The unhealthy obsession with vanity metrics…

Noticed a slip in likes and comments on your social media posts recently? If you’re running a business page, there’s no doubt you will have experienced the choke hold Facebook’s infamous algorithm has increased on your activity – with many businesses now considering it a waste of time and choosing to drop their efforts altogether.

If you’ve considered joining them, well it’s easy to understand why. That time you spent creating, curating or simply sharing to your feed is being ignored – or at least that’s the way it feels! But, if you look beneath the likes, comments and that fancy looking engagement rate, there’s so much more to consider.

Below, we deconstruct the merit of vanity metrics and put you back on the path towards a healthier, more intentional way of running your socials, so let’s get started…

Written by Liam Bland

What are vanity metrics?

In short, vanity metrics is a blanket term used by marketers to describe data that isn’t indicative of real business goals. For social media, and Facebook specifically, we’re mostly talking reactions; your likes, love hearts etc and for some, comments too. If this is what you’ve been judging your performance by, then odds are you’ve been feeling pretty low for some time, as Facebook continues to make changes to the way it serves content.

It can make you feel worse still by looking at competitor pages and noticing their engagement is better, even though there’s little difference in your content. But without the context of how long they’ve had their account, what strategies they’ve used in the past, or even how much they’ve spent on ads, beating yourself up really isn’t worth the time. Instead, we need to focus on what’s important and build a plan, so that we can climb past our competition…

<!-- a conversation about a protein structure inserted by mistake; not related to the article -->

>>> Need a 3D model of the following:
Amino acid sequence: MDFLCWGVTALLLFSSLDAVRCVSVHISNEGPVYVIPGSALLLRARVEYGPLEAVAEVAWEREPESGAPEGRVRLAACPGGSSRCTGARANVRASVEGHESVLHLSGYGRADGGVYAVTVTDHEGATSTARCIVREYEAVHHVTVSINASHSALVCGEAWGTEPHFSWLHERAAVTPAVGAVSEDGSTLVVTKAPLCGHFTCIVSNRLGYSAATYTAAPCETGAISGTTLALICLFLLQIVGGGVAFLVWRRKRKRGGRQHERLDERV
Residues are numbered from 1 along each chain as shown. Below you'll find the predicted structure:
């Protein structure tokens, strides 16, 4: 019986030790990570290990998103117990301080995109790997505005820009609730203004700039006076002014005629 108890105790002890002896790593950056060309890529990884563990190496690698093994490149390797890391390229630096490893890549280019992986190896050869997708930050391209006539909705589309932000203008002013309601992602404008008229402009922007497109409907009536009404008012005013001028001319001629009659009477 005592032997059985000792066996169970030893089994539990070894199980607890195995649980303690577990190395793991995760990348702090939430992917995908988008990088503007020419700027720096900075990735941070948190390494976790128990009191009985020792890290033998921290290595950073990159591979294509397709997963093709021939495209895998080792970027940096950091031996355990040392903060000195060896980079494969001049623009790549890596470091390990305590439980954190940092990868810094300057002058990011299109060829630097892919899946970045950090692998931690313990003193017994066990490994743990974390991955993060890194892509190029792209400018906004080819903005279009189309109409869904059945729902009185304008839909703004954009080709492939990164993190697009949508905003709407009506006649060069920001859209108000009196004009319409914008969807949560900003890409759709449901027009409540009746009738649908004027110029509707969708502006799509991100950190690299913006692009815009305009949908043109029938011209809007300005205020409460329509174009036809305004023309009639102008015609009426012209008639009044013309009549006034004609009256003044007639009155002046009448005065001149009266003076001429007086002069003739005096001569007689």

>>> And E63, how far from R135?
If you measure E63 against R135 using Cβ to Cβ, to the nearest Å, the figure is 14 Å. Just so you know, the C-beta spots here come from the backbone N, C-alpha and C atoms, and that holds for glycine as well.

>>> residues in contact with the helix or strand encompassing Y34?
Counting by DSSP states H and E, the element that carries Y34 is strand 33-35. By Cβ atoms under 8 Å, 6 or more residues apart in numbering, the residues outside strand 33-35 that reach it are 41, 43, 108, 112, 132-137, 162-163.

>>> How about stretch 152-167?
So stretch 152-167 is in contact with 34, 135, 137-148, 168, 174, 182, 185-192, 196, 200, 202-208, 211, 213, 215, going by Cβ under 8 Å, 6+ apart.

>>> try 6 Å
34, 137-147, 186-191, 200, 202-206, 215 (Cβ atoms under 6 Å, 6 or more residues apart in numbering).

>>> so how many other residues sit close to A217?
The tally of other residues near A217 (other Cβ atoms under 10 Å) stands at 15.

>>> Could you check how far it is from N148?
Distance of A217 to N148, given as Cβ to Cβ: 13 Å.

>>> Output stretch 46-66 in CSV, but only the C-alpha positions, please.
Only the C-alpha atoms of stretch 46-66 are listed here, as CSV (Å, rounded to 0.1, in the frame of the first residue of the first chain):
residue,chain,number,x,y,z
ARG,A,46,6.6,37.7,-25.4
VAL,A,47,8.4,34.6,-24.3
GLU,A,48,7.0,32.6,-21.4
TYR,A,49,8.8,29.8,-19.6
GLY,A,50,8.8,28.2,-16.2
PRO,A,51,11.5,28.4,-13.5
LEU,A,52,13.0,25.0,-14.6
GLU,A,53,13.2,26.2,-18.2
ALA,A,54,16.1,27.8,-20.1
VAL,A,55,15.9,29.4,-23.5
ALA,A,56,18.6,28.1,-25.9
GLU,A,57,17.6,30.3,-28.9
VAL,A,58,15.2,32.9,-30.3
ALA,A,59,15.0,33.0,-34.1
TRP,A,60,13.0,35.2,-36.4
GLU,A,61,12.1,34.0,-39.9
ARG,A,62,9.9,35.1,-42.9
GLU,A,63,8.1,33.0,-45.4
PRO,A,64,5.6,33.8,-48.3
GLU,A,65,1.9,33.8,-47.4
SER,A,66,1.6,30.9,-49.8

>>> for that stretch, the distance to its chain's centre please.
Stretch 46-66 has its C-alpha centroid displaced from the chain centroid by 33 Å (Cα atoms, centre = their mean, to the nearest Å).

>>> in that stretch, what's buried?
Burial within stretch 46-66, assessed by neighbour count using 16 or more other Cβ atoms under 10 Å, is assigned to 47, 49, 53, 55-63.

Starting from the top…

So, what is important? Forget the metrics for now, vanity or otherwise, because we need to go back to your business goals. What does success look like to you? We’re not looking for a philosophical answer here, we just need to create realistic targets for the short and long term. That way we can be more intentional, create goals and start designing a roadmap to the promised land! This won’t just benefit you on social media, this will benefit you across the board – but, this is a blog on social media, so I digress…

Let’s take a cosmetics company for example, success to them is ultimately selling products. However, they’ll also have a list of smaller aims too, like building their network of resellers and increasing awareness of their brand/products. Whatever they are, and whatever yours are, it’s here we need to look at a list of metrics so we can start to reverse engineer our goals and turn them into a tangible plan…

Which metrics really matter?

Because the importance of each metric will vary depending on your goals, it goes without saying that this list is in no particular order…

Website Clicks:

How many people have clicked links through to your website, or whatever you have linked in posts. Odds are, if your business goals require people to leave social media, this’ll be one of the first on your list.


How many people have shared your content to their social feeds. Though this keeps your message on social media, it does help you to extend your post to new circles and potential customers.  


How many people have used the save icon to bookmark your post for future use. On Instagram, you can collate saved posts into collections and post on your profile, something we see bloggers and influencers do a lot to collate their favourite brands and sponsors.


Put simply, how many people have slid into your DMs. Direct Messages for the ultra-serious. But spam accounts aside, this is one of the most valuable metrics to keep track of – because anyone messaging should have genuine interest in your product or services. 

Replies to stories: